Tampa Bay improved to 14-4-2 this spring, the best record in the Grapefruit League. The Rays have allowed 69 runs, fewest in the majors.
Ramos, trying to win the fifth spot in the rotation, struck out six in 4 2/3 scoreless innings. He gave up four hits and a walk, throwing 64 pitches before giving way to Grant Balfour.
"Honestly, I have to say it's the best I've ever seen him pitch," Rays manager Joe Maddon said, "and I'm not just talking about the results with the zeros. The quality of pitches, the repetition of delivery -- I'm really impressed with that."
Ramos was a key left-handed arm out of the bullpen in 2013, but jumped at the chance to become a starter and impressed Thursday with a fourth-inning strikeout of Joe Mauer.
"I have to go out there and pitch the best I can because it's out of my control. If my role is better suited in the bullpen, then so be it and there you go," Ramos said. "Hopefully I made it a tough decision."
Jake Odorizzi, one of three Rays pitchers competing for the final rotation slot, took over in the sixth. He allowed four runs -- three earned -- and six hits in four innings.
Erik Bedard is also in the running for the No. 5 job. He will make his start Friday against Toronto, and Maddon said a decision could come as early as Saturday.
Scott Diamond, competing with Samuel Deduno and Kyle Gibson for Minnesota's last rotation spot, pitched 4 1/3 innings before walking the bases loaded. Brian Duensing gave up an RBI groundout to Ben Zobrist and the opposite-field double by Longoria.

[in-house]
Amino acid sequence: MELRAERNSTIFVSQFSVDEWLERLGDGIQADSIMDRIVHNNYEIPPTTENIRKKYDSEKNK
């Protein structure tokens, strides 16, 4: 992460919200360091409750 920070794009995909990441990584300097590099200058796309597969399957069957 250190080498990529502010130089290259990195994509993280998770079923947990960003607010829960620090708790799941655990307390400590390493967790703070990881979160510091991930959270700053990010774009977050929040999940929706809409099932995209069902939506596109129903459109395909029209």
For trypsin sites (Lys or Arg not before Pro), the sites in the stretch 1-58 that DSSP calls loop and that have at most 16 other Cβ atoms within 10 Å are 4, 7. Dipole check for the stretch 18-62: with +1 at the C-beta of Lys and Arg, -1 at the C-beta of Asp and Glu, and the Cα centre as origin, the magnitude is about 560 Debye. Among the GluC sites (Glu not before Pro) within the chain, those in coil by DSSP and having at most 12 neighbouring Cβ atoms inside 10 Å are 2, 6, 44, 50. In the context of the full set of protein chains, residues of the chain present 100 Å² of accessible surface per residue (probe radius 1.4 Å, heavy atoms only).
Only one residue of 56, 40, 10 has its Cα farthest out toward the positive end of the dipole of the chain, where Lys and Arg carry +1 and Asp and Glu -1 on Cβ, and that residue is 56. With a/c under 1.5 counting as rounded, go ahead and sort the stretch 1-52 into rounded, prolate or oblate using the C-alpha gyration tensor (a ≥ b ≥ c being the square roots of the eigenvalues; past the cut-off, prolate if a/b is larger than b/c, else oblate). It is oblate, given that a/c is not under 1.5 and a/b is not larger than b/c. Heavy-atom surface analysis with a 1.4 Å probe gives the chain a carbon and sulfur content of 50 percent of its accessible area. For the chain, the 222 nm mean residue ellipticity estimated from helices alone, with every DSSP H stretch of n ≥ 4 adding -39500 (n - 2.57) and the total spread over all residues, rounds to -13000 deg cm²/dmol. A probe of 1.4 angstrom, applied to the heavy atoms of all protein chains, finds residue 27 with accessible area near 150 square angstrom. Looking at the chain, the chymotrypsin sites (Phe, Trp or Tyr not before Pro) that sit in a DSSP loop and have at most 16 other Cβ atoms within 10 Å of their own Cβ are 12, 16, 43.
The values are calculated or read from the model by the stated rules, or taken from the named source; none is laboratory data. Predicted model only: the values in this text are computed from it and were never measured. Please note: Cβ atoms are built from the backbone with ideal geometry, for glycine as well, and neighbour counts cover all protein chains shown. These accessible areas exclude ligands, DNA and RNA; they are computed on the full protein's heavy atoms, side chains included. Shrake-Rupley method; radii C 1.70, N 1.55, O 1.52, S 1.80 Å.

Diamond was charged with three runs and five hits. He walked three.
"I don't know if it's enough," Diamond said. "I can't make that decision. That's for them to decide."
Twins: Diamond was bothered by the way his outing ended.
"Four innings of good ball and then the walks were poor," he said. "Overall, I can't say I'm disappointed with it because it was progress from the last start. Other than that fifth inning, I've got to be pretty happy with it."
Rays: Ramos was aided by good defense, including a barehanded pickup by Longoria at third base, a nice double play started by shortstop Yunel Escobar, and a sliding catch by Desmond Jennings in center field.
Ramos also threw about 20 extra pitches in the bullpen to simulate an 80-pitch outing.
Rays pitcher Alex Cobb watched in disbelief, as well as horror.
It took until Thursday morning, but Cobb finally saw the replay of Cincinnati closer Aroldis Chapman getting hit in the face with a line drive Wednesday night against Kansas City in a Cactus League game.
Chapman had surgery Thursday to repair a broken bone above his left eye but has no other serious injuries. Reds medical director Dr. Timothy Kremchek said Chapman could begin throwing off a mound in six to eight weeks, a timetable that could get him back in games in late May.
Cobb can relate after missing two months last year when he suffered a concussion after being struck in the head by a line drive during a game at Tropicana Field.
"I can't believe it's already happened again," Cobb said. "I wouldn't say I was naive to the fact that it wouldn't happen again, but this quickly is pretty amazing."
Cobb said he's frustrated with the slow progress on Major League Baseball's development of a protective cap for pitchers, saying it seems "like a gimmick."
Rays: Outfielder Matt Joyce received treatment for a stiff neck and is out of the lineup until at least Saturday. ... Relief pitcher Juan Carlos Oviedo threw 35 pitches to batters in what Maddon called "glorified BP." It was Oviedo's first action since arriving at camp. Maddon said Oviedo could start the season on the disabled list.